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Campus speech: left and right say not all views are welcome

Milo Yiannapoulos speaks at the Ohio Union on Nov. 4. Credit: Kevin Stankiewicz

Milo Yiannopoulos and Richard Spencer are two prominent speakers who have caused controversy when they attempt to give, or succeed in giving, speeches on college campuses.

While these speakers might have different messages — Yiannopoulos once said feminism was cancer and Spencer expresses white supremacist ideologies — what they do have in common is their claim of conservative ideals and the push back they have received speaking on campuses.

Free speech on campus has been a contentious issue for decades, which recently exploded during the 2016 election. Because of the election result and the turmoil that followed, some conservatives say they are being silenced on campuses nationwide and throughout the halls and green space of Ohio State.

“The great irony of a college campus is that campuses encourage diversity, in racial diversity, in gender diversity, in religious diversity and socioeconomic diversity,” said Niraj Antani, the youngest member of the Ohio House of Representatives, a Republican and Ohio State alumnus. “But when it comes to thought diversity and ideological diversity they are hostile and that’s a problem. Professors and administrations should be welcoming to all ideologies and they’re not. And that does occur at Ohio State.”

Antani, who was president of the Ohio State College Republicans, said the marginalization of conservative speech on campuses is not a new phenomenon and has been happening at Ohio State for at least eight years, when he started in Autumn 2009.

“[Students] don’t want to stand up in a class and defend Trump or Republicans because they think their professor might grade them poorly because of that,” Antani said.

Kenny Horsley, a second-year in political science and a member of College Republicans, said that he felt animosity as a first-year student and as a small minority of his scholars group that held conservative views.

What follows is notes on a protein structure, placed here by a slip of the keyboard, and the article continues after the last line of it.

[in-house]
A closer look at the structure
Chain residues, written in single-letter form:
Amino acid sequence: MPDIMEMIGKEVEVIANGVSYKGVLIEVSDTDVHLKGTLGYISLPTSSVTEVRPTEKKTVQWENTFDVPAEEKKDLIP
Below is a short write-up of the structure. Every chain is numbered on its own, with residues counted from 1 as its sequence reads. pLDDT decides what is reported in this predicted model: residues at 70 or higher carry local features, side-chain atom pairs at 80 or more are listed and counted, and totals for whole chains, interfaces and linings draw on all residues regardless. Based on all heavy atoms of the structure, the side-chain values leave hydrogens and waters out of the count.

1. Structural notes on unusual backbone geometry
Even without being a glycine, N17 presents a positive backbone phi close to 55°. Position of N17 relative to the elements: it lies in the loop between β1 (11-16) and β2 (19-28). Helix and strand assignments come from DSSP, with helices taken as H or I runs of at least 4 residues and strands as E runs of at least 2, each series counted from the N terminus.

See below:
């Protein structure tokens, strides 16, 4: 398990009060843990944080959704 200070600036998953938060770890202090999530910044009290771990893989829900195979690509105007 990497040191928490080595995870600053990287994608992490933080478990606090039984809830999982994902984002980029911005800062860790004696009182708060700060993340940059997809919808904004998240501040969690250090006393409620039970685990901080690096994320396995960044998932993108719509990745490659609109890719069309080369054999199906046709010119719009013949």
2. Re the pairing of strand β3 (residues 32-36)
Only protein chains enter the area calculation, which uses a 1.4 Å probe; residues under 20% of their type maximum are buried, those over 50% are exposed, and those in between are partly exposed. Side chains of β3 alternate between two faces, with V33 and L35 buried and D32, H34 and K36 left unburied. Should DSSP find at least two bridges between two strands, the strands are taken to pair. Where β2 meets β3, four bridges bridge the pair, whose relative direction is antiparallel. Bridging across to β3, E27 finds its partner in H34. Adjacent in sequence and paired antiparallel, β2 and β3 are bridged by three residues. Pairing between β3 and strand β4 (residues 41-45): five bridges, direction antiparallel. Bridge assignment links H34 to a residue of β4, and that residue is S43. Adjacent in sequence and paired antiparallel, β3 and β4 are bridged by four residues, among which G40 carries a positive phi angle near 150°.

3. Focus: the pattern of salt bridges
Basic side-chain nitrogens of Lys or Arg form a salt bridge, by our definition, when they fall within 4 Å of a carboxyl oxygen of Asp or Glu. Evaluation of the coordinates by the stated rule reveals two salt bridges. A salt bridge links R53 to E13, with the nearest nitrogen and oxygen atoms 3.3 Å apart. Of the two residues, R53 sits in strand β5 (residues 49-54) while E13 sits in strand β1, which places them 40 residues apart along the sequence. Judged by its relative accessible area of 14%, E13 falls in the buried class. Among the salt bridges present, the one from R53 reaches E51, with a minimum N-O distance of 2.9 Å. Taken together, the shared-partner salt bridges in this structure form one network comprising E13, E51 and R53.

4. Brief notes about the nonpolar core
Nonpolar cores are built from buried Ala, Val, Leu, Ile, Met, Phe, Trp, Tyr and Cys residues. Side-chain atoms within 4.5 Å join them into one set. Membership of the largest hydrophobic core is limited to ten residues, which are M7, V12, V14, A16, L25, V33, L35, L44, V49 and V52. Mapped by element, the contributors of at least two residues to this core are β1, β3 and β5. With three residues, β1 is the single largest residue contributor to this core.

Horsley said he experienced “back-door” threats because of his expressed political ideology.

“It’s mostly stuff that’s all talk, but there are violent threats,” he said. “It’s people that are not open to ideas.”

Alternatively, Brad McKinniss, a graduate student and president of Young Democratic Socialists at Ohio State, said speakers who are further left than mainstream Democrats probably have a harder time on campuses.

“In a way, it’s worse for leftist speakers because it’s been happening to left speakers for years, if not decades, where they have been ‘de-platformed’ and not allowed to speak about current issues,” he said.

Lately, Ohio State has been embroiled in the free-speech debate for denying Richard Spencer’s request to speak on campus twice, while the University of Cincinnati announced it allow Spencer to speak on its campus this fall.

Antani said while people certainly should disagree with individuals or groups that spread a negative message, it doesn’t mean they shouldn’t be allowed to speak.

“Just because you disagree with my free speech, that doesn’t mean you get to ban it,” he said.

McKinnis said the decision to deny Spencer’s request for campus space was the right decision by the university, and that there is a fundamental difference between the right-wing and left-wing speakers that are trying to come to campuses.

He said far-right speakers like Spencer spread violent messages, while left-wing speakers “are just trying to speak about people that are oppressed.”

McKinniss added that students can’t leave it up to the administration to stop speakers like Spencer coming to campus.

“The onus is on students and professors in a way to not allow this to go any further. I am very glad the university didn’t allow him, but we can’t always rely on the university to protect us,” McKinniss said.

Ohio State has made news for denying Spencer, but it certainly has not been grabbing headlines the way a campus like University of California, Berkeley has, specifically its decisions to allow speeches that have resulted in costly damages and large police forces.

“Just because you disagree with my free speech, that doesn’t mean you get to ban it.” – Niraj Antani, the youngest member of the Ohio House of Representatives, a Republican and Ohio State alumnus.